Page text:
The heart of what disappoints me is that in this and sadly also several other articles, the writer has surrendered to the 'left is bad, right is good' temptation. So 'lefties' are anarchic extremists who want to rob society of all that’s right, good and true, out of a worldview built on naive simplisms. Conservatives, by contrast, are savvy, well-informed guardians of the good, drawing from the deep well of cultural history. What this polarisation too often produces is a style of writing that holds one's opponents up to ridicule, as simpletons whose opinions don't deserve the time of day from thoughtful folk. Such an approach ignores the reality mature Christians should instinctively know, that all humans are sinners, having a universally compromised grasp of what is good and real, and imperfect in their living of it. One learns that one's opponents sometimes get it right. It's therefore wise, quite apart from simply kind, to treat them and their views with the kind of evenhanded patience one hopes to have returned. Ridicule fails to produce helpful public discussion, because it commonly portrays the opponent with a kind of caricature, which in turn results in a failure to interact with the real substance of their case. The caricature becomes the entire object of engagement. Such an approach is disappointing at the best of times. But what makes it most saddening in this writer's case is the irony that this parodying style of argument is precisely the kind widely used against Christians by the most aggressively atheistic sectors of the media. Make all people of faith look like gormless simpletons, so no one will take us seriously. Christian writers, of all people, should avoid emulating that style of discourse.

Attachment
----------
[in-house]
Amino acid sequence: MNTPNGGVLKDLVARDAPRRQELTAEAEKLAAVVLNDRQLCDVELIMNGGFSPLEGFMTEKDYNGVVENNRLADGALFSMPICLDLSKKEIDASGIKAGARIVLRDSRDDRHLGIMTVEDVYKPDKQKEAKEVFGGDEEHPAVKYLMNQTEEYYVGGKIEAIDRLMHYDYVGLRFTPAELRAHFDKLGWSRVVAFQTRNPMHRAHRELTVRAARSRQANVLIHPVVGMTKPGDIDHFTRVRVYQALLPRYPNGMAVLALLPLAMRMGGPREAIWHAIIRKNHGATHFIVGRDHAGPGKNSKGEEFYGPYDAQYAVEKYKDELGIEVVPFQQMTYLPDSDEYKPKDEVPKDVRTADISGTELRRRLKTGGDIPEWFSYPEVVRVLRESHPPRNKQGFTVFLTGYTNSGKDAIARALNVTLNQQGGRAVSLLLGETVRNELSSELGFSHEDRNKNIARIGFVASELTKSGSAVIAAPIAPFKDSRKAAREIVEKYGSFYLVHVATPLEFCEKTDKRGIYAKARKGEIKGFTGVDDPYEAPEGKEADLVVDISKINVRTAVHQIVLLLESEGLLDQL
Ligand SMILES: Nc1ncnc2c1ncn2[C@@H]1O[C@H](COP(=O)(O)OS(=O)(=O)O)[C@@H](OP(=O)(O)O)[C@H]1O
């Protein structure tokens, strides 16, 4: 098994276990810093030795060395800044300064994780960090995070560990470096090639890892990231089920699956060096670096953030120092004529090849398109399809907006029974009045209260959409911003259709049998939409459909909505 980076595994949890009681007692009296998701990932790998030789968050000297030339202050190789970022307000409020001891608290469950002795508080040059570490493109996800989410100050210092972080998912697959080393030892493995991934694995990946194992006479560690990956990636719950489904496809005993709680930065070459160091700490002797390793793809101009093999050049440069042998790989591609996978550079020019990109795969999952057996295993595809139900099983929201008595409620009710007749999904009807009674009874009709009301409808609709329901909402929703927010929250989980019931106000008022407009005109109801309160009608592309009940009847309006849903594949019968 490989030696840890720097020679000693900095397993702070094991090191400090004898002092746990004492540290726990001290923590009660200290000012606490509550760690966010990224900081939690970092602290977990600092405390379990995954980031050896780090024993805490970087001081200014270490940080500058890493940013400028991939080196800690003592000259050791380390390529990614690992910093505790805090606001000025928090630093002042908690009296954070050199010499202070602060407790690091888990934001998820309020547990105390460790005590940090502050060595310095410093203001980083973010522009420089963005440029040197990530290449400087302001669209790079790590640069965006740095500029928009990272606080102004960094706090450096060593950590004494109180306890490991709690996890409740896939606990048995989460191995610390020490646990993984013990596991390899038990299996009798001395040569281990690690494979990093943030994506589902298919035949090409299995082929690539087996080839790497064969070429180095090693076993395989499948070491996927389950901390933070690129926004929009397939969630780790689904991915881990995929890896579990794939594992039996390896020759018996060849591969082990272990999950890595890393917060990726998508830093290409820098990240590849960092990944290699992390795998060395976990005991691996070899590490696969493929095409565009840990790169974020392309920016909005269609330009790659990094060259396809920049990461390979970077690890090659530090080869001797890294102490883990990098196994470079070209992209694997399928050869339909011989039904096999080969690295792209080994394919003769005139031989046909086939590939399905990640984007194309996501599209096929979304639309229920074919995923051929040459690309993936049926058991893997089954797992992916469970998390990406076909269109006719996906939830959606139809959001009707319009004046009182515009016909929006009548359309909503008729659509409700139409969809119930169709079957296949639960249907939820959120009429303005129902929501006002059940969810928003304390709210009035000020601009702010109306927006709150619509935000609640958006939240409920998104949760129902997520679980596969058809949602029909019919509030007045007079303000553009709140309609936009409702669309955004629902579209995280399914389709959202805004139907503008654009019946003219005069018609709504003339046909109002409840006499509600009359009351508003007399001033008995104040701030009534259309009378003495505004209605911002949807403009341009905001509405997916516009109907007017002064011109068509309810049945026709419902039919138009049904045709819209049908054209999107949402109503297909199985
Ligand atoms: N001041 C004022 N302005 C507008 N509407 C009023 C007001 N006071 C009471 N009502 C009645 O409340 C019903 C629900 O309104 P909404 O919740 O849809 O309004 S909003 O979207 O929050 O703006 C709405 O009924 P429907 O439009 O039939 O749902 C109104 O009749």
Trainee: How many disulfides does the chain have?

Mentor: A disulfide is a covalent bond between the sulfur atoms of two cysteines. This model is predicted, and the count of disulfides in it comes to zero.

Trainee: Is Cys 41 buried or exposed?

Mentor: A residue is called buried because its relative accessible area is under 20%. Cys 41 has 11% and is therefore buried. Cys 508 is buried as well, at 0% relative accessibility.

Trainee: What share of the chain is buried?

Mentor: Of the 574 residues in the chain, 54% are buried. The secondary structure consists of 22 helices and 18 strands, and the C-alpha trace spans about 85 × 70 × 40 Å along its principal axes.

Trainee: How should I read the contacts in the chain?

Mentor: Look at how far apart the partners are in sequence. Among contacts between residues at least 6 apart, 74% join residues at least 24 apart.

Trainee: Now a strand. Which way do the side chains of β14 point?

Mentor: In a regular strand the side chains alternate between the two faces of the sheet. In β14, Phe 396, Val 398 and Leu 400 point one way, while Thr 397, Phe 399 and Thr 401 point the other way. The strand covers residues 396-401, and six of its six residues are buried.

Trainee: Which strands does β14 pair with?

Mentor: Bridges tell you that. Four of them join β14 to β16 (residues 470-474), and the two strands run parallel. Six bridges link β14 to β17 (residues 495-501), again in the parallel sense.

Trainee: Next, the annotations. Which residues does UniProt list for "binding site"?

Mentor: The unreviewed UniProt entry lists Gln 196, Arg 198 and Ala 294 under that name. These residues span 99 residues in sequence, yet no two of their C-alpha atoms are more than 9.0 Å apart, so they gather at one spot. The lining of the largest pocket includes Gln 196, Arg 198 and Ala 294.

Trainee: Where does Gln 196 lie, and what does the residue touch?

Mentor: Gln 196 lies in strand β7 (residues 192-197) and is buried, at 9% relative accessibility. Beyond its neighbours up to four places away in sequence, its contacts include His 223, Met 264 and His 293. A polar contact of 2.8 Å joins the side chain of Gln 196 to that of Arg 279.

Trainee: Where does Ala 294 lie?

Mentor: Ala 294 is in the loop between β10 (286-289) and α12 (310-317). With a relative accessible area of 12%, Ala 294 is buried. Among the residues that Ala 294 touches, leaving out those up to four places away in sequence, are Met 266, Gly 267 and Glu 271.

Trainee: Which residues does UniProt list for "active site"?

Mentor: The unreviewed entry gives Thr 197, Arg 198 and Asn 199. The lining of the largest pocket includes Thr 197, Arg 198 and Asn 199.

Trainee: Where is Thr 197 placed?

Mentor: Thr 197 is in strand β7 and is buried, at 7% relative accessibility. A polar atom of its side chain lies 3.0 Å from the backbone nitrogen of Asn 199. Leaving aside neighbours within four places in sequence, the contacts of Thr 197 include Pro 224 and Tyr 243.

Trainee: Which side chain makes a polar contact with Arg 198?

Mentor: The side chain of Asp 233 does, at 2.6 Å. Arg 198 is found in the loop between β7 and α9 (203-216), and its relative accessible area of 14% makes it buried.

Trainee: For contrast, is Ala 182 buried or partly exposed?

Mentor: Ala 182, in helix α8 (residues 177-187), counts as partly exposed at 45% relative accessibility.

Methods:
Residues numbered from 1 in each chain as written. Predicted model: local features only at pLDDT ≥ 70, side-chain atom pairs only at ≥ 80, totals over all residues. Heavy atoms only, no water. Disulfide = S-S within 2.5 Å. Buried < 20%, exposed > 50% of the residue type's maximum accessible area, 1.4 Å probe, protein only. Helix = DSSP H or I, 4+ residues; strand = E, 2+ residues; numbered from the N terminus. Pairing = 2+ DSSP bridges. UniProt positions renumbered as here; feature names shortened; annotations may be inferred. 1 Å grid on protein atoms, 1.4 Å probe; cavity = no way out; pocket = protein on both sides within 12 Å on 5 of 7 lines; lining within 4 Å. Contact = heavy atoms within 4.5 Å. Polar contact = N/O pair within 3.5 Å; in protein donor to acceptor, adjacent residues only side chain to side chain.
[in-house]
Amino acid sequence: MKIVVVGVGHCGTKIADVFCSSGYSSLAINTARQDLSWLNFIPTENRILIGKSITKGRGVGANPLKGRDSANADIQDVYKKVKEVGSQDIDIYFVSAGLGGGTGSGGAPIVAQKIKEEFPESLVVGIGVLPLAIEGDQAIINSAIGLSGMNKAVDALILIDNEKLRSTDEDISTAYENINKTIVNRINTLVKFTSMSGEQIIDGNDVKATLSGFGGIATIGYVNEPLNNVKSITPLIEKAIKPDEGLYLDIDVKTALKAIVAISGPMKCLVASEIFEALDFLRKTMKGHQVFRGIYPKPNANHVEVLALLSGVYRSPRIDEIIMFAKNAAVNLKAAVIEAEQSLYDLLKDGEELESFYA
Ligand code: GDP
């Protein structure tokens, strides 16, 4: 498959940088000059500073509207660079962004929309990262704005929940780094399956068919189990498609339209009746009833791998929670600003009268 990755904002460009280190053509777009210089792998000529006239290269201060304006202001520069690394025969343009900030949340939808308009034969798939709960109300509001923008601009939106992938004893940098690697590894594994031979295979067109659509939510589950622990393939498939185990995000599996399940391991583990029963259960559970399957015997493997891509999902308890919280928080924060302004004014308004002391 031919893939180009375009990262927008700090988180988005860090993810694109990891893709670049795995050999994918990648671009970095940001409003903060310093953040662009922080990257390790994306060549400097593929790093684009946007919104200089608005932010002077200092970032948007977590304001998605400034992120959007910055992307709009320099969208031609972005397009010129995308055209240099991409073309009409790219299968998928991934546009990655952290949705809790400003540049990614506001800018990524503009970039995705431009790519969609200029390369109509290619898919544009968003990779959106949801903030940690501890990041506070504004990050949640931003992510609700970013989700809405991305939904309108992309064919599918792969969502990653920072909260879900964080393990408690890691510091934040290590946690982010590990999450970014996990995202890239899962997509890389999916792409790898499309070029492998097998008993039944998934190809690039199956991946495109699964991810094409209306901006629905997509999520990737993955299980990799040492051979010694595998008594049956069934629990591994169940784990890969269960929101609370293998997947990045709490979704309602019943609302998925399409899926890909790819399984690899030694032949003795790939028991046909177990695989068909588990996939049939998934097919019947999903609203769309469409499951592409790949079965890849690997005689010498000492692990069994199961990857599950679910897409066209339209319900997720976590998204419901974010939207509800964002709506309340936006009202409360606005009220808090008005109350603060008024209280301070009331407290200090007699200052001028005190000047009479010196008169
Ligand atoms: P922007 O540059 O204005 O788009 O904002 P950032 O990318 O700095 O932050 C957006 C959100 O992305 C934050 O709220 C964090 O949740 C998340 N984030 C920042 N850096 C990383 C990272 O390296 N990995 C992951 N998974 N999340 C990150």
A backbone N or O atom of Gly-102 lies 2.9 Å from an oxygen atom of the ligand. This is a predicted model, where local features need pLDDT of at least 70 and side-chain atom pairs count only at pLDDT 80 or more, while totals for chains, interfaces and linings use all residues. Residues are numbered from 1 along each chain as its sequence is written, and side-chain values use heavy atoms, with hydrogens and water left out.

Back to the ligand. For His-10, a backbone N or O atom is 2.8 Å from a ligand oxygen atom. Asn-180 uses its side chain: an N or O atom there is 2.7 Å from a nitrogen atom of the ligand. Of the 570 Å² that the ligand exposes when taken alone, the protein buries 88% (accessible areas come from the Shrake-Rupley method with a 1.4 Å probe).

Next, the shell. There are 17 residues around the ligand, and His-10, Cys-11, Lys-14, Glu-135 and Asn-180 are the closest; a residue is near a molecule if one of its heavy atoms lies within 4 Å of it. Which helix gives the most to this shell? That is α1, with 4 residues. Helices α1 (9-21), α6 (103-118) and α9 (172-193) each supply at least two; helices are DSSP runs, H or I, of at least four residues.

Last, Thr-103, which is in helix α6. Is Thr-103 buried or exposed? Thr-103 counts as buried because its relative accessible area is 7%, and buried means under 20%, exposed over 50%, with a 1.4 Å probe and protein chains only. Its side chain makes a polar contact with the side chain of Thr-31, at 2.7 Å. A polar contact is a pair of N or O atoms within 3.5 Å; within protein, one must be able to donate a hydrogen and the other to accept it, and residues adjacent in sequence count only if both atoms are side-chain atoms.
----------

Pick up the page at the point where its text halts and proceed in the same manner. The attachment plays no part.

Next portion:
Now to the subject itself: the 'Second Amendment' to the US Constitution, and the modern-day question of gun control … There may well be a class of agitator who seeks the dismantling of the 2nd amendment in the name of pure pacifism. But I at least have yet to encounter any such participants in the course of the present gun control debate. The mainstream of gun control advocacy is frankly uninterested in the 2nd amendment, for or against. Our concerns are almost entirely with the pattern of random mass murders of innocents, carried out with semi-automatic guns. It's therefore simply perplexing that an article such as this from this writer, published only yesterday right in the thick of the aftermath of the Connecticut school shooting, would address the gun control debate entirely on the 2nd amendment and with not so much as a mention of this or any other mass civilian killing. Right about the middle of his piece (the 14th paragraph), the author reduces the entire gun control position to a single sentence comprised of three snappy but very simplistic sub-clauses - and then responds to that, as if it were the whole substance.